When working with surviving family members after the death of a loved one, the survivors often want my help to help them deploy a strategy to value the assets of the deceased. The survivors often want to know whether estate assets should be valued high or low. I typically tell them that this is not a "game" that they can play, they are bound to have assets valued at "fair market value." Nonetheless, some people feel they can wiggle the values if it benefits them.
Very few estate are subject to the 40% federal estate tax. However, those survivors who face an estate tax typically want to see assets valued as low as reasonable in order to avoid as much of the 40% estate tax as possible.
Survivors of estates that do not have to face the federal estate tax, however, may have the opposite strategy. Since estate assets benefit from the step up in basis, survivors often want estate assets valued as high as reasonably possible in order to get the maximum step-up in basis.
Certain assets owned by a deceased are not subject to varying fair market values. Cash, bank accounts, and publicly traded securities are easily valued as of the date of death - merely determine the account balances.
Other assets, however, are subject to subjective determinations of fair market value. Land, rental property, other real estate, and ownership interests in a business, are often difficult to value as of the date of death of the owner.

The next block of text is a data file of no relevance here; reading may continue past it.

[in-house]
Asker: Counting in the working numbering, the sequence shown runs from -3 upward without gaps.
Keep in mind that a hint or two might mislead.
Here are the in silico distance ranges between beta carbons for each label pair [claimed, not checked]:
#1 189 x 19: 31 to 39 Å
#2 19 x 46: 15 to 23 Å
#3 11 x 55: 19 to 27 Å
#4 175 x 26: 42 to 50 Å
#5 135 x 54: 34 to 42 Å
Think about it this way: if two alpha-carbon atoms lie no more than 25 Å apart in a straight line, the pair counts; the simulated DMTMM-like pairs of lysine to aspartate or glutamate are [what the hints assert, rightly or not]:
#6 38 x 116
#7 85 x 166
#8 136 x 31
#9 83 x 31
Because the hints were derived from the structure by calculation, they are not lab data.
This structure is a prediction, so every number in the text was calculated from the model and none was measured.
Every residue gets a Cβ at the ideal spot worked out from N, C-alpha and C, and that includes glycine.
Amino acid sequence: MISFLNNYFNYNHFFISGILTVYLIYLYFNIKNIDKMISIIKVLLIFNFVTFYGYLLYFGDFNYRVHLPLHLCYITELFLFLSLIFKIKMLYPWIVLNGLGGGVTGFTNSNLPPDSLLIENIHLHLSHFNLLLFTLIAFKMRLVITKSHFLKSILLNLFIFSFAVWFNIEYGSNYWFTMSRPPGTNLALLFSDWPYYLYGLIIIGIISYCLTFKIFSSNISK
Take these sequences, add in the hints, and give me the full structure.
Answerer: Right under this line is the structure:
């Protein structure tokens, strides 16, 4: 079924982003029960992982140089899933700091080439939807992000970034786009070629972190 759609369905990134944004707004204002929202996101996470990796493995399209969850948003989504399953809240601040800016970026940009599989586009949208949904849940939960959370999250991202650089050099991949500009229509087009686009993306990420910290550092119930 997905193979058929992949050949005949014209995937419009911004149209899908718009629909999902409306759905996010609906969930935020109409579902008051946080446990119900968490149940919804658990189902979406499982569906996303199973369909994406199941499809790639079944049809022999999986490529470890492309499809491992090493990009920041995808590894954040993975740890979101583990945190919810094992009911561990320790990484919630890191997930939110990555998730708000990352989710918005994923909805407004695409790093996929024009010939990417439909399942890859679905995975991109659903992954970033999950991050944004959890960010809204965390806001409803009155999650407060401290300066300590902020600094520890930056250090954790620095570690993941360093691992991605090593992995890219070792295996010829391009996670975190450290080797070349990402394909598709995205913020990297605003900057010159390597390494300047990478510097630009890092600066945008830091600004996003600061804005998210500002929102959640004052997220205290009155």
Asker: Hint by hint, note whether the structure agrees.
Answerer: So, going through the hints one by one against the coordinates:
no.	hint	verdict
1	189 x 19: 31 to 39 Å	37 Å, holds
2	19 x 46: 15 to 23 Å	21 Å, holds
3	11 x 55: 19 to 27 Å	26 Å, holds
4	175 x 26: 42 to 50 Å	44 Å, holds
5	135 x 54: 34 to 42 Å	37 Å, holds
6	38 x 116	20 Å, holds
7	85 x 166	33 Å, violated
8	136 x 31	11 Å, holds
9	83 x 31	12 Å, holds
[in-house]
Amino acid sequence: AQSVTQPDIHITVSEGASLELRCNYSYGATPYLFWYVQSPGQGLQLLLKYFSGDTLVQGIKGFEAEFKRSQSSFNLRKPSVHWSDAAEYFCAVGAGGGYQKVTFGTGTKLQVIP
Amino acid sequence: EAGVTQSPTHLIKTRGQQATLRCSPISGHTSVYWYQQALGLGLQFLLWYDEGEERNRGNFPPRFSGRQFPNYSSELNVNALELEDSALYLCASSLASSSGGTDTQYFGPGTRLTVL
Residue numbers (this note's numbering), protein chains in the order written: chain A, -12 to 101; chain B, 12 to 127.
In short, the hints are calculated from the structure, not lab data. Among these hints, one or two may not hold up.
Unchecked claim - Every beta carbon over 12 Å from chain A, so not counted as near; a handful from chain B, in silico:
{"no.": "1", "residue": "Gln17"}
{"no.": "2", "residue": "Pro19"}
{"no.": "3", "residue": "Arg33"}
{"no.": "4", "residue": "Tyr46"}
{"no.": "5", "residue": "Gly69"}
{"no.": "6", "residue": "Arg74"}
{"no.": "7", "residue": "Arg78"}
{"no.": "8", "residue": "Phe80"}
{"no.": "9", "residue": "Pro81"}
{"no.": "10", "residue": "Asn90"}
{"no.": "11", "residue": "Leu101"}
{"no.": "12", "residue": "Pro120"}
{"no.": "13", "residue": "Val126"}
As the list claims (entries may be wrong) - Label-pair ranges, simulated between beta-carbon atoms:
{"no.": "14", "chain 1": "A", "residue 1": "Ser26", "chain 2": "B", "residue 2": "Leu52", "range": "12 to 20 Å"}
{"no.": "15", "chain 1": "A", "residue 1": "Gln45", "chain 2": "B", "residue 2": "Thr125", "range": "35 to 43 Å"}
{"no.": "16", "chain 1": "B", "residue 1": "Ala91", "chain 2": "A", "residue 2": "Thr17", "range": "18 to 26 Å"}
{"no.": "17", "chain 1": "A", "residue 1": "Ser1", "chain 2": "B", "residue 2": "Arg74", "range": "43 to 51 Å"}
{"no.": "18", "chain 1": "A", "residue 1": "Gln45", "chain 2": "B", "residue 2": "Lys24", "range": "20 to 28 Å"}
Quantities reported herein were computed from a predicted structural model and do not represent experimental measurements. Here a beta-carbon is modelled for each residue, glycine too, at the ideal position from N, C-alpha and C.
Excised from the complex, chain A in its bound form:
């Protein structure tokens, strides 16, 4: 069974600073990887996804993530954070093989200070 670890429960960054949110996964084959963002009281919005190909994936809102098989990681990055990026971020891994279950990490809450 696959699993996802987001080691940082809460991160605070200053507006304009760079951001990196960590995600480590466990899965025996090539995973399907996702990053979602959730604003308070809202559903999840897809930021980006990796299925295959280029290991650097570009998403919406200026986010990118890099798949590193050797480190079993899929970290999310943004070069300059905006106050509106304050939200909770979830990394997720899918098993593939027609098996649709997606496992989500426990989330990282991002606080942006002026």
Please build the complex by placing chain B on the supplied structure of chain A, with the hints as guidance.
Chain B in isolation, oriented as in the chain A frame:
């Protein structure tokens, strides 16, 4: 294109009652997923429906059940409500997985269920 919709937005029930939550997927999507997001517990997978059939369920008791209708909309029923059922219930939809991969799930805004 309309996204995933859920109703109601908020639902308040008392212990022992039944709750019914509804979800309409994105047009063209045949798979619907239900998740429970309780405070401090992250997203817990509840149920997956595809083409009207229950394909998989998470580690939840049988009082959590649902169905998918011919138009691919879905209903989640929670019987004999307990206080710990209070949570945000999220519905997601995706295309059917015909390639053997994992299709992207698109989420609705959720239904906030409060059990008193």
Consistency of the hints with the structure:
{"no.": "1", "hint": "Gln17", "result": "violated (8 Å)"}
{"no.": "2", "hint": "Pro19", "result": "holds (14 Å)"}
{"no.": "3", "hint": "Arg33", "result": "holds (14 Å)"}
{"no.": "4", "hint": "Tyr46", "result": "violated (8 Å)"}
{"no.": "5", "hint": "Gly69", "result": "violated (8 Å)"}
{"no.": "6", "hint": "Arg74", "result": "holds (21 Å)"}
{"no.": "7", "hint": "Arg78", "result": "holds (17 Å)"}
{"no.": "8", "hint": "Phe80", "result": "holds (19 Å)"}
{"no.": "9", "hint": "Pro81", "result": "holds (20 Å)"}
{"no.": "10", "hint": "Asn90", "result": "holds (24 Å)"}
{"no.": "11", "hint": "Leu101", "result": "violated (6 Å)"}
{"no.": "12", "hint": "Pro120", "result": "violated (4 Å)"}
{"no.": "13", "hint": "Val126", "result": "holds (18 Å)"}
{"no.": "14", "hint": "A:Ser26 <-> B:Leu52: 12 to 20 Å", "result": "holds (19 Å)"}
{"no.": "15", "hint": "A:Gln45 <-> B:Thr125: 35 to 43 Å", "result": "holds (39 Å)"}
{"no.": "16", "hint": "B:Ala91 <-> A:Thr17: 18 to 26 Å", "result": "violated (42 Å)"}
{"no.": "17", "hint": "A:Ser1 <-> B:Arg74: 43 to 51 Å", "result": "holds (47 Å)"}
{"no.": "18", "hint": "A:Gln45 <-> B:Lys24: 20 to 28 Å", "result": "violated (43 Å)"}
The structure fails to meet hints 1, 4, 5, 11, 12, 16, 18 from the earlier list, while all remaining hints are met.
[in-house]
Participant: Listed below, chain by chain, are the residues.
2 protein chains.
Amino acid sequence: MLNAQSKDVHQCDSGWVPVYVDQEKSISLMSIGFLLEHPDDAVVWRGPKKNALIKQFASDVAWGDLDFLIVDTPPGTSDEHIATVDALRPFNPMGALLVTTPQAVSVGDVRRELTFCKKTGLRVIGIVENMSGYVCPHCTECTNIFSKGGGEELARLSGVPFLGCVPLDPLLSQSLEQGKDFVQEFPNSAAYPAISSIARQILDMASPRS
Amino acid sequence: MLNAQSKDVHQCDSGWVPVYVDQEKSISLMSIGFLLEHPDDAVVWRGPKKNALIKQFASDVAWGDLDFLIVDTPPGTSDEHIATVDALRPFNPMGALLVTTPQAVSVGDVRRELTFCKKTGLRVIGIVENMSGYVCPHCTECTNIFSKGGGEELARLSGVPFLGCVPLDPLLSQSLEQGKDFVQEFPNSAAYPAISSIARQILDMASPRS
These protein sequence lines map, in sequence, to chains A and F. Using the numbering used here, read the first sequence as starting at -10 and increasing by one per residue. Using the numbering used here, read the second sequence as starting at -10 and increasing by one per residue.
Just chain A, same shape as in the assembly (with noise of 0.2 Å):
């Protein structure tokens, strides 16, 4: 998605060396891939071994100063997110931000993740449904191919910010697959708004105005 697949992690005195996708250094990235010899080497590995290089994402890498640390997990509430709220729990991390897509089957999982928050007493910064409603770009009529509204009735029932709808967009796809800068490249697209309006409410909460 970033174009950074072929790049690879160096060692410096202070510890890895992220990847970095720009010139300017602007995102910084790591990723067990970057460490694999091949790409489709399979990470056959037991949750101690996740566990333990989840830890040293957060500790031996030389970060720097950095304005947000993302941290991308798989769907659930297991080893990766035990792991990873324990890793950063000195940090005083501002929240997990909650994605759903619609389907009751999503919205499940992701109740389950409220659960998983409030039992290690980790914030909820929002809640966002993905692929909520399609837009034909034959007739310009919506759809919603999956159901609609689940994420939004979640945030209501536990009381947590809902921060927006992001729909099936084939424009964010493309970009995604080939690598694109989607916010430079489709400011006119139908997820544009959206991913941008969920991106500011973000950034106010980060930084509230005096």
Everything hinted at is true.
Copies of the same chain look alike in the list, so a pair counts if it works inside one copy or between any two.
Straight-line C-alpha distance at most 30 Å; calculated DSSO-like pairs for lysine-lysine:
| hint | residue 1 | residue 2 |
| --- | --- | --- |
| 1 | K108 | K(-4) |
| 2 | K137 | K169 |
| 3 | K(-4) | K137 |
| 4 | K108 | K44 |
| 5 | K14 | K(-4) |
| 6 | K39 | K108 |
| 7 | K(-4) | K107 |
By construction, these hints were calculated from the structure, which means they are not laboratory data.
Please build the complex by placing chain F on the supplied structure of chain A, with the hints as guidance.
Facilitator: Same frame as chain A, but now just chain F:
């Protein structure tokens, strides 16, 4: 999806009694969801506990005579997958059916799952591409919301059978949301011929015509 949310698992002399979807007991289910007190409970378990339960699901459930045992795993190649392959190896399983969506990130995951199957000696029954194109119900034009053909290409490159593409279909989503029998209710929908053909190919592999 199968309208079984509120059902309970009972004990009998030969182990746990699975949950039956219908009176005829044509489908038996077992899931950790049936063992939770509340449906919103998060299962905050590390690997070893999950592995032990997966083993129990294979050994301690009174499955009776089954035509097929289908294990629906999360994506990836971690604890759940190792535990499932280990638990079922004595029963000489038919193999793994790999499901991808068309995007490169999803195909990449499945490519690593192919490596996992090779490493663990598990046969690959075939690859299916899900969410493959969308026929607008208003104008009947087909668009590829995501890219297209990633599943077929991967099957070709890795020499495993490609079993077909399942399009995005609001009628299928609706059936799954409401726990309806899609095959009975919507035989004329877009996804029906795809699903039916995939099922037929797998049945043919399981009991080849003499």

The IRS has a definition of fair market value. The IRS defines fair market value as the amount that which property would change hands between a willing buyer and a willing seller, neither being under any compulsion to buy or sell, with both parties having reasonable knowledge of relevant facts.
Our system is not necessarily set up as a "game" that survivors can play and arbitrarily determine fair market value after their family members die. Nonetheless, when estate tax is an issue, heirs often attempt to encourage appraisers to appraise assets "low." While when estate tax is not an issue, survivors want to see assets assets valued "high" to take maximum advantage of the step-up in basis. And since so few estates are subject to estate tax these days, most estates benefit from the "higher" valuations.
Note that these rules do not apply to IRAs. There is no step up in basis of investments inside an IRA. Any distributions from a traditional IRA are subject to income tax.
Also, some Louisiana residents mistakenly believe that the asset value listed in the Sworn Detailed List of Assets and Liabilities filed in the deceased's Succession proceeding is the end-all, say-all when it comes to estate valuation. But of course the IRS can always question any valuation the family puts on the Sworn Descriptive List.
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Louisiana Estate Planning Attorney
Phone: (225) 329-2450